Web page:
HULK #2 by Mariko Tamaki, Nico Leon, and Dalibor Talajic
HULK #2 ably builds on the previous installment as Jenn struggles to control her new Hulk persona. Smart writing from Mariko Tamaki adds new depth to old Hulk issues, while Nico Leon and Dalibor Talajic's art smartly uses contrast to enhance the story.
100 %
Smart Writing and Strong Art

In the last issue of HULK, we saw Jennifer Walters awaken from a coma to not only learn that Bruce Banner is dead, but that she has undergone another transformation. Her She-Hulk form has vanished, leaving her in her human form, but with a raging monster inside that could come out at any moment. HULK #2 shows Jenn dealing with that loss of control and leaves the reader wondering just how far this change really goes.

At first, Jenn seems to be herself. She goes through her daily tasks, including returning to work and going to confront the law-breaking landlord of her newest client, Maise.  Yet even as she performs everyday tasks, Jenn cannot stop thinking about how ‘normal’ it all feels, while admitting that thinking about everything that way means there’s something else over the horizon.

READ: Want More Hulk in your life? Take a look at our review of TOTALLY AWESOME HULK #1!

Even so, Jenn also demonstrates remarkable control dealing with the law-breaking landlord she’s serving, despite various sexual comments and threats insults thrown her way. Even Jenn’s threat to an equally insulting tenant comes off as normal, but in any Hulk book the monster is never far from the surface, and we start to see it when Jenn watches children in the park playing a violent game of superhero, with a villain that’s fairly easy to guess.


It’s this event that sets off Jenn’s anger, but it stands as an important difference between her and the traditional Hulk. Mariko Tamaki’s smart writing paints Jenn as someone who suffers more from personal pain than outright insults. It makes sense given Jenn’s work as a lawyer (which requires emotional control), but it also adds a new dynamic to what could’ve been another tired Hulk story about a monster hiding inside a person. It continues to define Jenn as separate from the Hulk; Geoff Johns’ story HUNT FOR THE SHE-HULK (where Jenn also suffered from more traditional Hulk-Outs), made it clear fear is what set off the transformation. So making the trigger more personal fits into Jenn’s own history while adding a new wrinkle.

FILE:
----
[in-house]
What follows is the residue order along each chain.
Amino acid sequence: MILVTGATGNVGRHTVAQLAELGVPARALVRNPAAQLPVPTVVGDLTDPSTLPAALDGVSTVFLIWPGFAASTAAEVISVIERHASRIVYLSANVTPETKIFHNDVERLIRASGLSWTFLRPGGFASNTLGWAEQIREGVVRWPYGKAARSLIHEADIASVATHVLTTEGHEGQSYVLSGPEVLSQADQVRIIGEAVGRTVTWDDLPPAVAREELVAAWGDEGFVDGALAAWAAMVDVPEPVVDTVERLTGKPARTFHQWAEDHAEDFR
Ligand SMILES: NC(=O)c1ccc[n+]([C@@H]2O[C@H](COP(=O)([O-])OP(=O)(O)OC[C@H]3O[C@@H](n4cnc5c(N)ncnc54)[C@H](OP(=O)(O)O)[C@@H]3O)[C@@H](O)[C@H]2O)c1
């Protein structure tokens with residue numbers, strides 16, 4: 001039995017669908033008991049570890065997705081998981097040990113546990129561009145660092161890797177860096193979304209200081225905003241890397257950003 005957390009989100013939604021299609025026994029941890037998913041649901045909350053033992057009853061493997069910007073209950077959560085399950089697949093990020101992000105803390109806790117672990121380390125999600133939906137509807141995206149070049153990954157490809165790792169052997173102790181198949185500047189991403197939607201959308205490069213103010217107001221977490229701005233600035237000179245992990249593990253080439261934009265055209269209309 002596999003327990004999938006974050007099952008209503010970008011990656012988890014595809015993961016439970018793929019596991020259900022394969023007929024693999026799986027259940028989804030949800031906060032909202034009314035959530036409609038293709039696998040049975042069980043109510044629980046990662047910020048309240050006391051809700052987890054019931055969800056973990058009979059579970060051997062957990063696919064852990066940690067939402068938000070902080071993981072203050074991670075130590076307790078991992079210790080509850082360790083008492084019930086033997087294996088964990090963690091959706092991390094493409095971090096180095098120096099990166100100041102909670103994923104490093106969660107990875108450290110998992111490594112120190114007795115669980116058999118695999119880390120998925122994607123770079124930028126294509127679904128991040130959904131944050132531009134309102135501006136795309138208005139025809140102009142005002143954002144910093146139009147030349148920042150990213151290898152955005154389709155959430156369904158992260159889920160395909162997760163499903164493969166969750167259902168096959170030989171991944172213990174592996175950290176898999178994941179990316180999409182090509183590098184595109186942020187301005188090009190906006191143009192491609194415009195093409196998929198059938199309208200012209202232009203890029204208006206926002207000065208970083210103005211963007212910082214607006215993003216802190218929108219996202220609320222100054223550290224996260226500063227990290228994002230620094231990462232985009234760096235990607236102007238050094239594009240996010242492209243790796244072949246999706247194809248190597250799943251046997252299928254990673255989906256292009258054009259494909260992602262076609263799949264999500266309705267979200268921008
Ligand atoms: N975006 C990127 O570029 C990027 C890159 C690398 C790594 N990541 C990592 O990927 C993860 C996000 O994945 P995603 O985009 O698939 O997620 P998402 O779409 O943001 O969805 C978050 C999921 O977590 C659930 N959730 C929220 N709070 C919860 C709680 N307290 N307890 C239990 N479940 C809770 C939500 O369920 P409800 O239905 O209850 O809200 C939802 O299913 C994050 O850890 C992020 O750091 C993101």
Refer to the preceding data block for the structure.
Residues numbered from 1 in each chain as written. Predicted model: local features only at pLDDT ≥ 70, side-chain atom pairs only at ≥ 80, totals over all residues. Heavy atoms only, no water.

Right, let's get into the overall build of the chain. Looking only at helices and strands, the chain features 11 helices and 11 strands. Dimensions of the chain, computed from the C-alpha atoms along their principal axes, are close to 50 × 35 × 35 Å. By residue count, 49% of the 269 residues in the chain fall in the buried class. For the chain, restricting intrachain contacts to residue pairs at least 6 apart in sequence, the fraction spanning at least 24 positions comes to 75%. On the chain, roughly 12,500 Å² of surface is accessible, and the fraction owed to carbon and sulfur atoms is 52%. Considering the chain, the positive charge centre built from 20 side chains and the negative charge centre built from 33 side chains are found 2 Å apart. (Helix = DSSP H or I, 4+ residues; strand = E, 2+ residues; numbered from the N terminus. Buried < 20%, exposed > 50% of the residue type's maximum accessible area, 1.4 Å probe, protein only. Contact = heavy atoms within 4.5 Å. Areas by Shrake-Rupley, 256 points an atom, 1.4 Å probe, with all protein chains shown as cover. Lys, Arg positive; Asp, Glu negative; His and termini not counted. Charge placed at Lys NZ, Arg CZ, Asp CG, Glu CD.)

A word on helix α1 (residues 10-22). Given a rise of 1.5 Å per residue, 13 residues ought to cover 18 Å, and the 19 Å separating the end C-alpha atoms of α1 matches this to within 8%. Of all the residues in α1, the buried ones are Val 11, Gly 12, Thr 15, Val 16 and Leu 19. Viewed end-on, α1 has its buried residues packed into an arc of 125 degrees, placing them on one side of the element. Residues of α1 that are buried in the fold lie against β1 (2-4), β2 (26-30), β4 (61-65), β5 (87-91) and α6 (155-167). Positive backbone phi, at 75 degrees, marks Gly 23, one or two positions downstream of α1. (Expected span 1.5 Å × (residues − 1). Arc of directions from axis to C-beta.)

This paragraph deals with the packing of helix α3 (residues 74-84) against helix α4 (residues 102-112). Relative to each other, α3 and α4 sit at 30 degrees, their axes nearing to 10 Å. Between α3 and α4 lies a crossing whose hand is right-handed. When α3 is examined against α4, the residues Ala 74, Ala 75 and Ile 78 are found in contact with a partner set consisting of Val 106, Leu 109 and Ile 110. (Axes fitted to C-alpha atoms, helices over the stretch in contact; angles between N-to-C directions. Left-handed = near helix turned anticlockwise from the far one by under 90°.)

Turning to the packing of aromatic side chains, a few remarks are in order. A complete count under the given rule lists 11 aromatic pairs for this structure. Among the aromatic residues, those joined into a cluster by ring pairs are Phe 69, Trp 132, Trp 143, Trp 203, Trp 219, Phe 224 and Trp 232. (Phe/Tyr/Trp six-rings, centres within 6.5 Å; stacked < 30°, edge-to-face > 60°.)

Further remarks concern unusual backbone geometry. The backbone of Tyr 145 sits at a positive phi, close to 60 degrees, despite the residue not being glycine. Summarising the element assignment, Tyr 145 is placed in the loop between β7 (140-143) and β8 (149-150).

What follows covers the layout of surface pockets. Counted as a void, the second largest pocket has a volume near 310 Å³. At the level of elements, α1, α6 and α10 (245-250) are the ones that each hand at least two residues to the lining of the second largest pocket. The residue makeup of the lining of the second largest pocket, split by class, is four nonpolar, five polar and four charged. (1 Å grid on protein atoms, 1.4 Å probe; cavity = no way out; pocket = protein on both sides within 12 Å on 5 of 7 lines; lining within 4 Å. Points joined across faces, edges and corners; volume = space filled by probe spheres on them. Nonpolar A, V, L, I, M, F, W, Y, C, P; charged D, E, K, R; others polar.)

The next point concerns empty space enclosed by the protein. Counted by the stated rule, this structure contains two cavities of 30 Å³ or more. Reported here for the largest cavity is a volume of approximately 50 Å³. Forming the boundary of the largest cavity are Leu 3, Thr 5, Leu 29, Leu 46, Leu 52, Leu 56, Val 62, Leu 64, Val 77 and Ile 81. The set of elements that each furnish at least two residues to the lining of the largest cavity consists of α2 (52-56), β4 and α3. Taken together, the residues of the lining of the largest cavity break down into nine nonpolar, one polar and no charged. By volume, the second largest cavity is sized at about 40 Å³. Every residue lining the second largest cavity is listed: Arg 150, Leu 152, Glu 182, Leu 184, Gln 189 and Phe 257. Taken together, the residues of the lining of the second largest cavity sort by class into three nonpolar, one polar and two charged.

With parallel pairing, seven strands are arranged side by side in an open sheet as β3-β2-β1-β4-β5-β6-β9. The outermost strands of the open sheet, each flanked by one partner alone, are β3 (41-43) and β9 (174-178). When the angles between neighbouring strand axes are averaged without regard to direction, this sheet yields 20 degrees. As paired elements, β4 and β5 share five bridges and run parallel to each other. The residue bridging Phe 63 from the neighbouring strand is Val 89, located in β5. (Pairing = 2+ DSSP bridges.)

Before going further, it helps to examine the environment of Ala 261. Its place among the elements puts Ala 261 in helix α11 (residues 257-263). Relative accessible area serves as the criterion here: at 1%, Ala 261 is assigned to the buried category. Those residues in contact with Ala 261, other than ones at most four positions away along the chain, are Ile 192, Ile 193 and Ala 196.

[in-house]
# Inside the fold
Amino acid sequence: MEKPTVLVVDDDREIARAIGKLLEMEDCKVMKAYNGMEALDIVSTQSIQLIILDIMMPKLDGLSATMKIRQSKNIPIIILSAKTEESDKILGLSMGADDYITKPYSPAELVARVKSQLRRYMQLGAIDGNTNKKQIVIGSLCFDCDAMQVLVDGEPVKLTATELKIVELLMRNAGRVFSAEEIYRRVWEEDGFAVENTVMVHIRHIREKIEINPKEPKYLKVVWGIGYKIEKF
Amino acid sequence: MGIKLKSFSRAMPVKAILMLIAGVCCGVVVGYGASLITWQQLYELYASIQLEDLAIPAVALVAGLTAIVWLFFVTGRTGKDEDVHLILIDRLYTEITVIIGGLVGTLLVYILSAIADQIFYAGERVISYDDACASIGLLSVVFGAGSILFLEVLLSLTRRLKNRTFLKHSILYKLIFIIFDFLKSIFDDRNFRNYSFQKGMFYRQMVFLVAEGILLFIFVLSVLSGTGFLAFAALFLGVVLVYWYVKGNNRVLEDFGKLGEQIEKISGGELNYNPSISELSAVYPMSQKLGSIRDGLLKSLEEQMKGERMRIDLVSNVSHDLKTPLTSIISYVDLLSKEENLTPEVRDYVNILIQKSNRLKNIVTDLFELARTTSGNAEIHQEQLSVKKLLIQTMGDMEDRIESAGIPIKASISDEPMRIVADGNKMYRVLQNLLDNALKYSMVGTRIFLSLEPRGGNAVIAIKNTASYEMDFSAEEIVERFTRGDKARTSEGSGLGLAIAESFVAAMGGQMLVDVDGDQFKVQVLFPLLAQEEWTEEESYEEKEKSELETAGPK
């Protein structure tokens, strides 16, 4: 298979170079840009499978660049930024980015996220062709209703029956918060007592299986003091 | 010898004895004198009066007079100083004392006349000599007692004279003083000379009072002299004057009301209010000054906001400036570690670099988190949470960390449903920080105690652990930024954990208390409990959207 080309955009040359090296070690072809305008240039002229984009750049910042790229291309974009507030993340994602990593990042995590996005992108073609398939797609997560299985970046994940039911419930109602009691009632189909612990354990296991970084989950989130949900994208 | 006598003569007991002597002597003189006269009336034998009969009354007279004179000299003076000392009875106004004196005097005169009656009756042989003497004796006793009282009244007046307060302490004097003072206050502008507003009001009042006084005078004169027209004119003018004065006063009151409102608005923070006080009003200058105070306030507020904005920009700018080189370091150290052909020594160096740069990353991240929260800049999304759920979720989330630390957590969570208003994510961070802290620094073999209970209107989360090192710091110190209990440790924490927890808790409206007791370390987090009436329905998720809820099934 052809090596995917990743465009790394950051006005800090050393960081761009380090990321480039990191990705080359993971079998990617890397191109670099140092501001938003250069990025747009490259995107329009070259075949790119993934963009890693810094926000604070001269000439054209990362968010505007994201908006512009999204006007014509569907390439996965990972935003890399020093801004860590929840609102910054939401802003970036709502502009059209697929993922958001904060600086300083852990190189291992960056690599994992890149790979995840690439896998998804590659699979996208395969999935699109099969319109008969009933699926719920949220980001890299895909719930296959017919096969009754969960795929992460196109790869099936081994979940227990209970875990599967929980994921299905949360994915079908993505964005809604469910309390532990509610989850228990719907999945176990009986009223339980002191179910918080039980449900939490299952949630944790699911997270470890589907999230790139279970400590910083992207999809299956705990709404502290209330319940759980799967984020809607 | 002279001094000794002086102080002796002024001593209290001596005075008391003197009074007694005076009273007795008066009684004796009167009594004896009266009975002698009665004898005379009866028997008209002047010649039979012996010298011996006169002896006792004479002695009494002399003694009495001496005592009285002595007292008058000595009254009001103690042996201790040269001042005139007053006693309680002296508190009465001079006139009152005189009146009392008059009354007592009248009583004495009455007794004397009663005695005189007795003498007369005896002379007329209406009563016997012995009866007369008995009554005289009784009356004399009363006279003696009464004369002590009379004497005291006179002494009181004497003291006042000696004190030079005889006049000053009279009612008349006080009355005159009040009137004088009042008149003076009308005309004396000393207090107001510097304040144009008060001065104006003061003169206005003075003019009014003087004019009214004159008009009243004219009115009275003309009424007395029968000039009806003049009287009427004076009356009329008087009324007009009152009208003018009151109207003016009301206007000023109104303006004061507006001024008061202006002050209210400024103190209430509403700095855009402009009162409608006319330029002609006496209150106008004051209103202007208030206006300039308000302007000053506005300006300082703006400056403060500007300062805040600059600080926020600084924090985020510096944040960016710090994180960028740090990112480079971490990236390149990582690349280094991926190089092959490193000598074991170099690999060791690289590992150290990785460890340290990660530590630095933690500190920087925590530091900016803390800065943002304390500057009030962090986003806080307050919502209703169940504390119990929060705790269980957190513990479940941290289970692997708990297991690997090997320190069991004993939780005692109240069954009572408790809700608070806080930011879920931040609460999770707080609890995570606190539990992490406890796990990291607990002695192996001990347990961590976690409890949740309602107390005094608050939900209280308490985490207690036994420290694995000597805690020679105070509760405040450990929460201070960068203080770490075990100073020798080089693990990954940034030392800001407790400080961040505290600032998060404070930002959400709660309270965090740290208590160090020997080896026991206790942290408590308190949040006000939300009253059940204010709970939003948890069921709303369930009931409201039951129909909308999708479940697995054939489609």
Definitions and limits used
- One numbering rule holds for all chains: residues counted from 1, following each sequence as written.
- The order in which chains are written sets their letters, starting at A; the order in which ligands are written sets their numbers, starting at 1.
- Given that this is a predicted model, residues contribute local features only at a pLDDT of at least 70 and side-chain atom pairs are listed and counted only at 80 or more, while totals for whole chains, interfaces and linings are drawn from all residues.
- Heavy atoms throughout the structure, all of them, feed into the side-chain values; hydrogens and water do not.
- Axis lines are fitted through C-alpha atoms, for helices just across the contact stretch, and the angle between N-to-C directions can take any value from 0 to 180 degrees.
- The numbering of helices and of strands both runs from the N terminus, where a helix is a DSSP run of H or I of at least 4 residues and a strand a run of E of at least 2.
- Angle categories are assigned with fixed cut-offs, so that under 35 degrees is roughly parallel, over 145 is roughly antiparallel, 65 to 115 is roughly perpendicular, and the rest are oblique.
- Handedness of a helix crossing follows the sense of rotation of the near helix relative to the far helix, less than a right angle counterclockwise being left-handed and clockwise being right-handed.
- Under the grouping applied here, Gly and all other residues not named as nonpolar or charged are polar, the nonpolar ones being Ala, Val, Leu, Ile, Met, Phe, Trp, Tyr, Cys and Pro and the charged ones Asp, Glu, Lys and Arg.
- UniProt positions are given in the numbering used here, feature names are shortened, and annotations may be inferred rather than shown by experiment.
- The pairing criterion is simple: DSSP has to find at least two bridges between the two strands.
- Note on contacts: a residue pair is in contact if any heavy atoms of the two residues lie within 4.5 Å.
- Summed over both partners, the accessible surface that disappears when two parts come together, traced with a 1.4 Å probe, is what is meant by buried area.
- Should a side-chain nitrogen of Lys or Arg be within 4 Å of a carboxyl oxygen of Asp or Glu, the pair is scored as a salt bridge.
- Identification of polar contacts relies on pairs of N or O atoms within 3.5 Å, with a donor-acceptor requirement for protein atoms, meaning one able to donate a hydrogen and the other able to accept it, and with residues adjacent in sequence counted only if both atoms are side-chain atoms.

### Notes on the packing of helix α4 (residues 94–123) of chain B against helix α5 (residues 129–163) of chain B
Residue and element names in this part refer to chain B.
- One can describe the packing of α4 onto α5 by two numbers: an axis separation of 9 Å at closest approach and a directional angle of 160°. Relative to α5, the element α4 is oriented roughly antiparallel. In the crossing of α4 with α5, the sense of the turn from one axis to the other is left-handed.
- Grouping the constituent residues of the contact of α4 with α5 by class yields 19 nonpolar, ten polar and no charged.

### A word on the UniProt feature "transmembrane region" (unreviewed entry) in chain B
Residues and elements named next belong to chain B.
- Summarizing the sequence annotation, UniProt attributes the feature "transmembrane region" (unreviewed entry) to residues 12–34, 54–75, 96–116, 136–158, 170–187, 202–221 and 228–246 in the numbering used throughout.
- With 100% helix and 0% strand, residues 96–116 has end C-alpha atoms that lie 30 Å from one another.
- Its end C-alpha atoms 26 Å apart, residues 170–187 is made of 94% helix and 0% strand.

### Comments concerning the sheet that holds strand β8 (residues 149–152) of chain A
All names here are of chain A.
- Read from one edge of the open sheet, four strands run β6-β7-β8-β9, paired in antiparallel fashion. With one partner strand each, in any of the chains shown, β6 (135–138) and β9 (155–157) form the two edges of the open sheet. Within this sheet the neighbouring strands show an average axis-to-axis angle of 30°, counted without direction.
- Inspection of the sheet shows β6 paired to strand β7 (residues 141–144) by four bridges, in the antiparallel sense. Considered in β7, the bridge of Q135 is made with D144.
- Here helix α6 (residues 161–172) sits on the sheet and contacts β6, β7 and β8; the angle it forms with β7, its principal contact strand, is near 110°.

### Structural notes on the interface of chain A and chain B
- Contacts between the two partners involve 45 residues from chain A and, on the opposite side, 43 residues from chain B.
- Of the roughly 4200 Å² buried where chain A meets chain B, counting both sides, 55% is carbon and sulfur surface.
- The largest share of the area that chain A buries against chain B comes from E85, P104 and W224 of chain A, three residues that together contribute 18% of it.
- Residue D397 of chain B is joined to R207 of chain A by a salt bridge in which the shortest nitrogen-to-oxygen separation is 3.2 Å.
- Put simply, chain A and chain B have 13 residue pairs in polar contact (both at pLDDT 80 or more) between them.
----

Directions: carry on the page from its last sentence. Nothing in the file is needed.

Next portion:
Once the trigger is hit, however, Jenn is forced to rush back to her office, locking herself in and desperately trying to calm herself with a cooking video, even as she rips apart her briefcase doing so. Because of her unavailability, Maise (who’s a recluse, terrified of leaving her apartment) is threatened further by her landlord, while a mysterious hidden figure promises to “protect” her from harm.

The artwork really shines in this section as Nico Leon and Dalibor Talajic shift their their previously well-lit and colorful panels to fittingly dark tones. The shift highlights the tonal changes of the story, especially in the scenes where Jenn’s assistant Bradley is able to coax her back into the light after her break. The relationship between the two is further cemented when Bradley offers her his shoulder concerning Bruce’s death (Bradley lost his brother earlier in the year). It’s a nice gesture and also good to see a gay man be painted as a strong shoulder for Jenn without seeming stereotypical and flamboyant.

READ: Want to hear more about LGBT themes in comics? Here’s our roundtable discussion of LOVE IS LOVE!

The issue ends with opposing shots of Jenn and the landlord walking home in different directions, but both feeling as though they’re being followed. Only the landlord, however, is threatened by a large, vaguely Hulk-shaped figure. This raises many questions, including if this creature is what Maise was speaking too. It may also indicate that Jenn might be transforming and blacking out about it, even to the point of remembering different events.

HULK #2 is a strong issue that continues to build on the transformation of Jennifer Walters. The story tackles themes familiar to Hulk fans but gives them twists that allow us to see reactions of a person who has, until now, never really had a monster to deal with. Jenn manages to be both strong and sympathetic, still being a strong lawyer but also needing help from those around her. The issue has a powerful conflict between Jenn and the landlord and creates a new character while leaving plenty of questions for the future. In short, this is an excellent story that continues building upon HULK #1 and should make anyone eager for HULK #3.

One Comment

  1. Hanif Lawson

    February 11, 2017 at 5:52 pm

    What you described IS a traditional Hulk story; someone whose trauma and emotional pain gives rise to a destructive monster. There’s really not much different about this comic and Banner’s stories so far besides obvious things like the setting and characters involved. Also, the “monster hiding inside” thing… That’s exactly what this is. It just seems weird that you praise this for being so different from other Hulk stories when there’s not much that different.


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